Ages ago, at the beginning of 2020, the vote of Sen. Mitt Romney (R-Utah) to impeach President Trump made him the lonely exception that proved the most important political rule for a Republican senator: Unless you want to see yourself flagellated on Twitter, your electoral prospects dimmed and your clout with the Republican Party vastly diminished, avoid President Trump’s ire.

But the GOP’s do-no-harm-to-the-president rule is being disregarded with some regularity in the lead-up to the presidential election, in subtle and unsubtle ways. Here’s what we’ve seen since the coronavirus pandemic hit:

  • Lisa Murkowski (Alaska) said this summer that she was struggling with whether to support Trump.
  • Susan Collins (Maine), in a very tight reelection race that could decide the Senate majority, said she won’t support his latest Supreme Court nominee before the election.
  • Martha McSally (Ariz.), also in a tough race, refused to say at a recent debate whether she’s proud of her support for Trump.
  • Senate Majority Leader Mitch McConnell (R-Ky.), leading in polls for his reelection, said this month that he hasn’t gone to the White House over concerns about their safety measures in a pandemic.
  • Ben Sasse (Neb.), an occasional Trump critic, told constituents last week what he really thought of Trump. (“The United States now regularly sells out our allies under his leadership, the way he treats women, spends like a drunken sailor.”)
  • John Cornyn (Tex.), also up for reelection, this weekend compared the GOP’s relationship with Trump to a bad marriage. (It’s “maybe like a lot of women who get married and think they’re going to change their spouse, and that doesn’t usually work out very well,” he told the Fort Worth-Star Telegram editorial board.)

Trump has slammed some of these people on Twitter in the past few weeks, but it doesn’t seem to have reverberated like it did near the beginning of his presidency, when former GOP senators Jeff Flake and Bob Corker spoke out against the president only around the same time they decided to retire rather than risk voters’ wrath.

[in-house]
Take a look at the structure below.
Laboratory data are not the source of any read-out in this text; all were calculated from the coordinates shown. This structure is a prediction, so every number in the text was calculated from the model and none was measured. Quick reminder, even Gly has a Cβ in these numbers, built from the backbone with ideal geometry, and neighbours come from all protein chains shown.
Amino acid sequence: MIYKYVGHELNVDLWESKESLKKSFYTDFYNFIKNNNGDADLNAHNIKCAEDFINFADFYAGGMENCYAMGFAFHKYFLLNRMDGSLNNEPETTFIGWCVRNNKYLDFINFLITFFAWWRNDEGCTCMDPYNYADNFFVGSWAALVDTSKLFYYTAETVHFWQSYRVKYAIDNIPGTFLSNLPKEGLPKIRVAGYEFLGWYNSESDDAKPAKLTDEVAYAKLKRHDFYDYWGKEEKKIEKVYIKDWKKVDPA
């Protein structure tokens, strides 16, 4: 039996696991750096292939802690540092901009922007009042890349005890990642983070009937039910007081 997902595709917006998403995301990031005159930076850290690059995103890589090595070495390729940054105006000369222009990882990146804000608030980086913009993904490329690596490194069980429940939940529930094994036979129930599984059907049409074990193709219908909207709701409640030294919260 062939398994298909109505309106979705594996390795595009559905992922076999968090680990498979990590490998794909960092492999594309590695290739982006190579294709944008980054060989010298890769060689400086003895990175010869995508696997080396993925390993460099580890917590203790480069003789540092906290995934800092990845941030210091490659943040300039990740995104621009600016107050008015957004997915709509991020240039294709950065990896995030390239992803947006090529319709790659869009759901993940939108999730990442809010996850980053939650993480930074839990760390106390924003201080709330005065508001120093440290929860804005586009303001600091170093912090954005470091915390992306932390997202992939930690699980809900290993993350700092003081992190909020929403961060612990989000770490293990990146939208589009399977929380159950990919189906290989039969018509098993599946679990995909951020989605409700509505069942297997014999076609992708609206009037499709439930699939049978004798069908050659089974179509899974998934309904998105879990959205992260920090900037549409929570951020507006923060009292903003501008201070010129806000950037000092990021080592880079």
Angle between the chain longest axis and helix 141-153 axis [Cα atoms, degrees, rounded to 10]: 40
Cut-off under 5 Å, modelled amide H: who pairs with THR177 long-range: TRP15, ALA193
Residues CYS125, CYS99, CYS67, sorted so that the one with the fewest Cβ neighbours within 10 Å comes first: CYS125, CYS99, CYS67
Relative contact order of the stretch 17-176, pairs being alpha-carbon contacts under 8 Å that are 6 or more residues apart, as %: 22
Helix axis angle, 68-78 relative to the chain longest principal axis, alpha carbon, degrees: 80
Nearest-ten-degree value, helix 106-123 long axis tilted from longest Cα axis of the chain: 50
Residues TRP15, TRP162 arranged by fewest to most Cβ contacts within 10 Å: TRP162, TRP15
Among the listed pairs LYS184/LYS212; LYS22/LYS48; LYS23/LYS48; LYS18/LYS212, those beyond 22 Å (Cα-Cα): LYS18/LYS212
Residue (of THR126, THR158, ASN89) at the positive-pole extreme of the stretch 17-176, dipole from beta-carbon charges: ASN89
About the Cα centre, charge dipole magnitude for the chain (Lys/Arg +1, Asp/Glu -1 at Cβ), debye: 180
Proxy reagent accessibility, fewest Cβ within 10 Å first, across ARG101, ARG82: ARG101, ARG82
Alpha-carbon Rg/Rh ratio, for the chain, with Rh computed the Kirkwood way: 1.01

The senators who have stuck it out and are now up for reelection in 2020 still don’t want to get on Trump’s bad side. But increasingly they have no choice. Those on the ballot with him are being forced to choose the voters they’ll need in November, and less and less of them support Trump than in 2016.

Republican voters in 2020 appear to be splitting into two distinct groups: a dedicated base that loves Trump’s culture wars, and a group that has tended to vote GOP more for economic reasons than social.

Polls and focus groups suggest that this second group is being turned off by the president over his handling of the coronavirus pandemic, but also his handling of race relations this summer, and four years of nonstop controversies and drama that have simply exhausted many Americans. Trump’s economic accomplishments for his party — rolling back government regulations, passing a tax bill — don’t seem to be resonating in comparison to everything else that’s going on.

As The Washington Post’s Paul Kane notes, it’s tough to be a Senate Republican aligned with Trump, too. In Iowa, Sen. Joni Ernst (R) appears to be losing suburban voters’ support in her reelection campaign as she sticks with the president.

This situation is different from when some in the party left him in 2016 weeks before the presidential election. Then-House Speaker Paul D. Ryan (R-Wis.) told his colleagues that they could ditch Trump to try to save their jobs. Breaking with Trump was motivated by a particular controversy — Trump’s “Access Hollywood” tape — and a sense that Trump couldn’t win.

Trump has not been willing to campaign more toward the center to help them. Getting covid-19 hasn’t given him more respect for public-health advice that polls show most Americans support, such as wearing masks. And over the weekend at a rally in Michigan, he said there was “something beautiful” about protesters in the wake of George Floyd’s death being “pushed around.”

We could see more Republicans break from the president in these final two weeks of the campaign. Of the 14 most competitive Senate seats this November, 12 are held by Republicans. They’re mostly in states that have traditionally leaned Republican — we talked about Arizona and Iowa and Texas, but also South Carolina, Kansas, Georgia and Montana.

In a more normal election season, being in their own territory would be helpful for Senate Republicans. But many of these are the states where the party split over Trump is most pronounced.

For example, Trump won Montana by 20 points in 2016. A recent New York Times-Siena College poll had Trump up by just seven points in that state, and the Senate race between Sen. Steve Daines (R) and Democratic Gov. Steve Bullock is basically tied in polling.

Trump won South Carolina by 14 points in 2016, and a New York Times-Siena College poll has his lead nearly cut in half, to eight points. Sen. Lindsey O. Graham (R-S.C.), one of the most well-known Trump allies on Capitol Hill, is in a surprisingly close reelection race against Democrat Jaime Harrison. That same poll had Graham leading by six points; others in recent weeks had the race tied.

It’s tough to predict which Senate Republican might speak out next against the president, even nominally. (None of what senators have said so far probably will satisfy their critics, who argue that Republicans in Congress have let Trump get away with all but murder.)

But it’s undeniable that we’ve reached a moment where Republican Party leaders are more willing to criticize Trump than at any time since right before his 2016 election. And that’s not the status quo for a party that has come to be defined these past four years by its loyalty to Trump.